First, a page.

By Anna Pulley
By Erin Sherbert
By Chris Roberts
By Erin Sherbert
By Rachel Swan
By Joe Eskenazi
By Erin Sherbert
By Erin Sherbert
In the context of California's energy crisis, some city officials have begun exploring public power alternatives to the MUD. These alternatives include a city-chartered electric utility that would take over PG&E's delivery system, or a city-run entity that would enter long-term electricity contracts on the open market, and deliver the power through PG&E lines.
LAFCO's commissioners and the Bay Guardian have treated these potential alternatives -- which are themselves forms of public power -- not as interesting possibilities to study, but as "legal technicalities," "obstacles," and even "pipe dreams."
In 1913, the United States Congress passed the Raker Act, which allowed San Francisco to dam the gorgeous Hetch Hetchy Valley in the Sierra Nevada mountains. Water piped from Hetch Hetchy reservoir sluices through turbines to generate electricity and then flows to San Francisco drinking taps 150 miles away. The electrons so generated follow a similar path.
Hetch Hetchy Water and Power is operated by the city's Public Utilities Commission. The Raker Act requires that the electricity generated by the Hetch Hetchy powerhouses must, as a first priority, serve the needs of city government. The next priority is to sell power to the irrigation districts of Modesto and Turlock, which are situated along the Tuolumne River, which trickles out of the Hetch Hetchy reservoir.
These Raker Act-mandated uses absorb most Hetch Hetchy electricity generated during the dry summer and fall seasons. During the wet season, however, the reservoir fills up, and the turbines spin full blast, generating "excess" electricity. Modesto and Turlock have first claim on buying that excess. After their needs are met, the Raker Act allows San Francisco to sell the remaining power.
The act forbids the city from ever selling, or giving, Hetch Hetchy electricity to a private individual or corporation for resale. In other words, a private entity may buy Hetch Hetchy power from the city for its own use. It cannot resell the power. If it does, the federal government can take Hetch Hetchy back.
The Hetch Hetchy public power system came on line in 1923. San Francisco quickly fell afoul of the Raker Act by agreeing to let PG&E sell Hetch Hetchy electricity. In 1937, the United States Department of the Interior sued, claiming that the city's contract with PG&E violated the Raker Act. The case was litigated all the way to the United States Supreme Court, which ruled, in 1940, that the contract was invalid because it broke the Raker Act's prohibition against the resale of Hetch Hetchy power by a private entity. The city and PG&E negotiated a new contract in 1945, which allowed PG&E to charge the city a "wheeling" fee for transmitting high-voltage Hetch Hetchy power from an East Bay substation to the city of San Francisco, which uses the power in municipal buildings and to run streetcars and trolleys.
As technology evolved, San Francisco's relationship with PG&E became increasingly complex and intertwined. The city engages in multiple energy transactions worth tens of millions of dollars with the utility company and private-sector customers. Public records show, however, that the city Public Utilities Commission scrupulously monitors sales to avoid selling Hetch Hetchy power to PG&E, or anyone else, for resale.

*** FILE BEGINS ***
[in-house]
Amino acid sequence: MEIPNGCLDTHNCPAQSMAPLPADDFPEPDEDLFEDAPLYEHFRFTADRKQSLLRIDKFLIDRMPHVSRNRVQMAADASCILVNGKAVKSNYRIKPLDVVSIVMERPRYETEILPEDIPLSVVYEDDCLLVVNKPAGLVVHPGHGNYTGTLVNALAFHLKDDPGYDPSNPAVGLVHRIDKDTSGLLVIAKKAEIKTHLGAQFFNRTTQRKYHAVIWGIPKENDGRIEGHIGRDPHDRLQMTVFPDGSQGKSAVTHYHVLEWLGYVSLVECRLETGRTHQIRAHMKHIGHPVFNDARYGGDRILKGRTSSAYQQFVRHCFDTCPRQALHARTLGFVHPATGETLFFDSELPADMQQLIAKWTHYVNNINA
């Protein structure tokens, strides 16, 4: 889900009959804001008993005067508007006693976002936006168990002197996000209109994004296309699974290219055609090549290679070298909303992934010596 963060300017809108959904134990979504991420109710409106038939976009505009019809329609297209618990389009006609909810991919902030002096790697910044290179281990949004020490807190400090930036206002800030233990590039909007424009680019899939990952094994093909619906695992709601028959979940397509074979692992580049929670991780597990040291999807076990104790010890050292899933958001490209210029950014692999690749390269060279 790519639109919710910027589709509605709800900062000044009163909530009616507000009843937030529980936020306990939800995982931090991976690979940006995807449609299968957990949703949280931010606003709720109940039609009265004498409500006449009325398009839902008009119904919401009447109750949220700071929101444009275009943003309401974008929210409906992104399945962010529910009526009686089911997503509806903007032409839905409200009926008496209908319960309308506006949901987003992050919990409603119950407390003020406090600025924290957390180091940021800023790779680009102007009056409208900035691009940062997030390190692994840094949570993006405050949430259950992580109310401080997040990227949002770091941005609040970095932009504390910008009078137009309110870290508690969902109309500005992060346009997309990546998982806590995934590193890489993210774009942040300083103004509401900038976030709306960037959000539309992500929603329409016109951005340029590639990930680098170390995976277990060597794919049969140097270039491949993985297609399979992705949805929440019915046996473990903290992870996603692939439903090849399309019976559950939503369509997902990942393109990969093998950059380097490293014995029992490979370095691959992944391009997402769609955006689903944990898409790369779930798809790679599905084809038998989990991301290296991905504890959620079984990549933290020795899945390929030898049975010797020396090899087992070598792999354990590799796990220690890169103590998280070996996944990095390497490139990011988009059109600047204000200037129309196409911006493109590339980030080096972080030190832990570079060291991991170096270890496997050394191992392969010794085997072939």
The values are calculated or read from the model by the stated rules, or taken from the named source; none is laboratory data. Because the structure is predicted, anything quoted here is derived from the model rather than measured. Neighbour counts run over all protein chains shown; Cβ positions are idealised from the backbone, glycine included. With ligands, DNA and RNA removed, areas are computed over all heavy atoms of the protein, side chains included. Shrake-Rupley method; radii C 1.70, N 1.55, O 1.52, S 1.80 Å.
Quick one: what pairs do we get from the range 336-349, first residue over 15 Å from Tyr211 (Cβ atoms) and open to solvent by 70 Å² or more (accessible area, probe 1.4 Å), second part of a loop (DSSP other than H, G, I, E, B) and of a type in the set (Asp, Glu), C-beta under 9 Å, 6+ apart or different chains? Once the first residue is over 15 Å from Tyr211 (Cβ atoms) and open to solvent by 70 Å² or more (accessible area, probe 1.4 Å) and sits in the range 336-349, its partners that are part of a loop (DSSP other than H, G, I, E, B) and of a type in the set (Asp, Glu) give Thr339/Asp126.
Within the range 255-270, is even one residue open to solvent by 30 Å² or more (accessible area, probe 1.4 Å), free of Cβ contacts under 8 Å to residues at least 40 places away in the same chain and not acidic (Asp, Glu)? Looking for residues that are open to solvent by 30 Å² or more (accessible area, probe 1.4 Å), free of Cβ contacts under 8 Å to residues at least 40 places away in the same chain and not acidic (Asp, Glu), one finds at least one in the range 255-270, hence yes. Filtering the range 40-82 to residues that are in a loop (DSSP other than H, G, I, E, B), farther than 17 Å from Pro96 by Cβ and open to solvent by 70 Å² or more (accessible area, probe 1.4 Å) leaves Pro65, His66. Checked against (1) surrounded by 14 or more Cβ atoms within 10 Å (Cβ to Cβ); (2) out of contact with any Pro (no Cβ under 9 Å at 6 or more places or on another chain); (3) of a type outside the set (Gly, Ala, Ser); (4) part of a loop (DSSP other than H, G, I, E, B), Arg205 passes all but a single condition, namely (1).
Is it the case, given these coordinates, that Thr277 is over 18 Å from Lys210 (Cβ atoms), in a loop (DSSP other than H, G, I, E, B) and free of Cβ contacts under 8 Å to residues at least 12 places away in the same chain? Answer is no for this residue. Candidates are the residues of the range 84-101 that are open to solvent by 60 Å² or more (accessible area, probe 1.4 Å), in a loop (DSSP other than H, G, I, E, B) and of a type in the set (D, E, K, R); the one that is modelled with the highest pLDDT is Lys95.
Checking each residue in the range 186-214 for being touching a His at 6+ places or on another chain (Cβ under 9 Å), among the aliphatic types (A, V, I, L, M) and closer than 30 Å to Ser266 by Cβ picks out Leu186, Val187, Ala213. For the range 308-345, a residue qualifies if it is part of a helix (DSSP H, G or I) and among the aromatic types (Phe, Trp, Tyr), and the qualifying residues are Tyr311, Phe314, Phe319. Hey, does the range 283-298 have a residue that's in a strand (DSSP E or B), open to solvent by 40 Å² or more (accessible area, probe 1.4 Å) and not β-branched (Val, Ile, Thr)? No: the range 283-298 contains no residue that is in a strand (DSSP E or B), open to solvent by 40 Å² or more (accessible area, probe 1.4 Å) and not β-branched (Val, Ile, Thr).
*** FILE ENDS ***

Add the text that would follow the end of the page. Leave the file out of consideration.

In 1969, the San Francisco Bay Guardian published its first "exposé" in regard to PG&E's electricity monopoly. The story, "How PG&E Robs S.F. of Cheap Power," was written by J.B. Neilands, a biochemistry professor at UC Berkeley. The article contained assertions that the Bay Guardian has repeated -- and repeated -- for 32 years. Neilands claimed that the Raker Act requires San Francisco to municipalize the distribution of all electric power in San Francisco; that is, Neilands said, the law requires the city to seize PG&E's distribution wires in the city and its power plants by the right of eminent domain. Neilands also said that the Raker Act requires the city to sell Hetch Hetchy power to its residents. And Neilands suggested that PG&E buys Hetch Hetchy power for resale.
During the last three decades, these accusations have been investigated, many times, by governmental authorities who found them to be essentially untrue. Some of those authorities had every reason to hope the city was violating the Raker Act.
In the waning days of Ronald Reagan's presidency, for instance, U.S. Department of the Interior Secretary Donald Hodel became intent on tearing down the O'Shaughnessy Dam and returning the Hetch Hetchy Valley to the arms of Mother Nature. The Interior Department launched an investigation to determine if San Francisco was violating the Raker Act. Hodel clearly hoped to show the city had been violating the law, so Interior could seize the dam. But Hodel abandoned his quest after his investigating attorney -- Ralph W. Tarr, the solicitor for the Interior Department -- reported to him that "we find nothing in the City's contracts with PG&E or the irrigation districts that suggestions a violation of the prescriptions of the Raker Act."
This report, dated Nov. 10, 1988, noted that the federal government had repeatedly investigated the accusations of San Francisco's public power advocates and "expressly disagreed with the proposition that the Raker Act requires the city to construct and operate its own system for the sale and distribution of Hetch Hetchy power for the citizens of San Francisco rather than contracting with PG&E."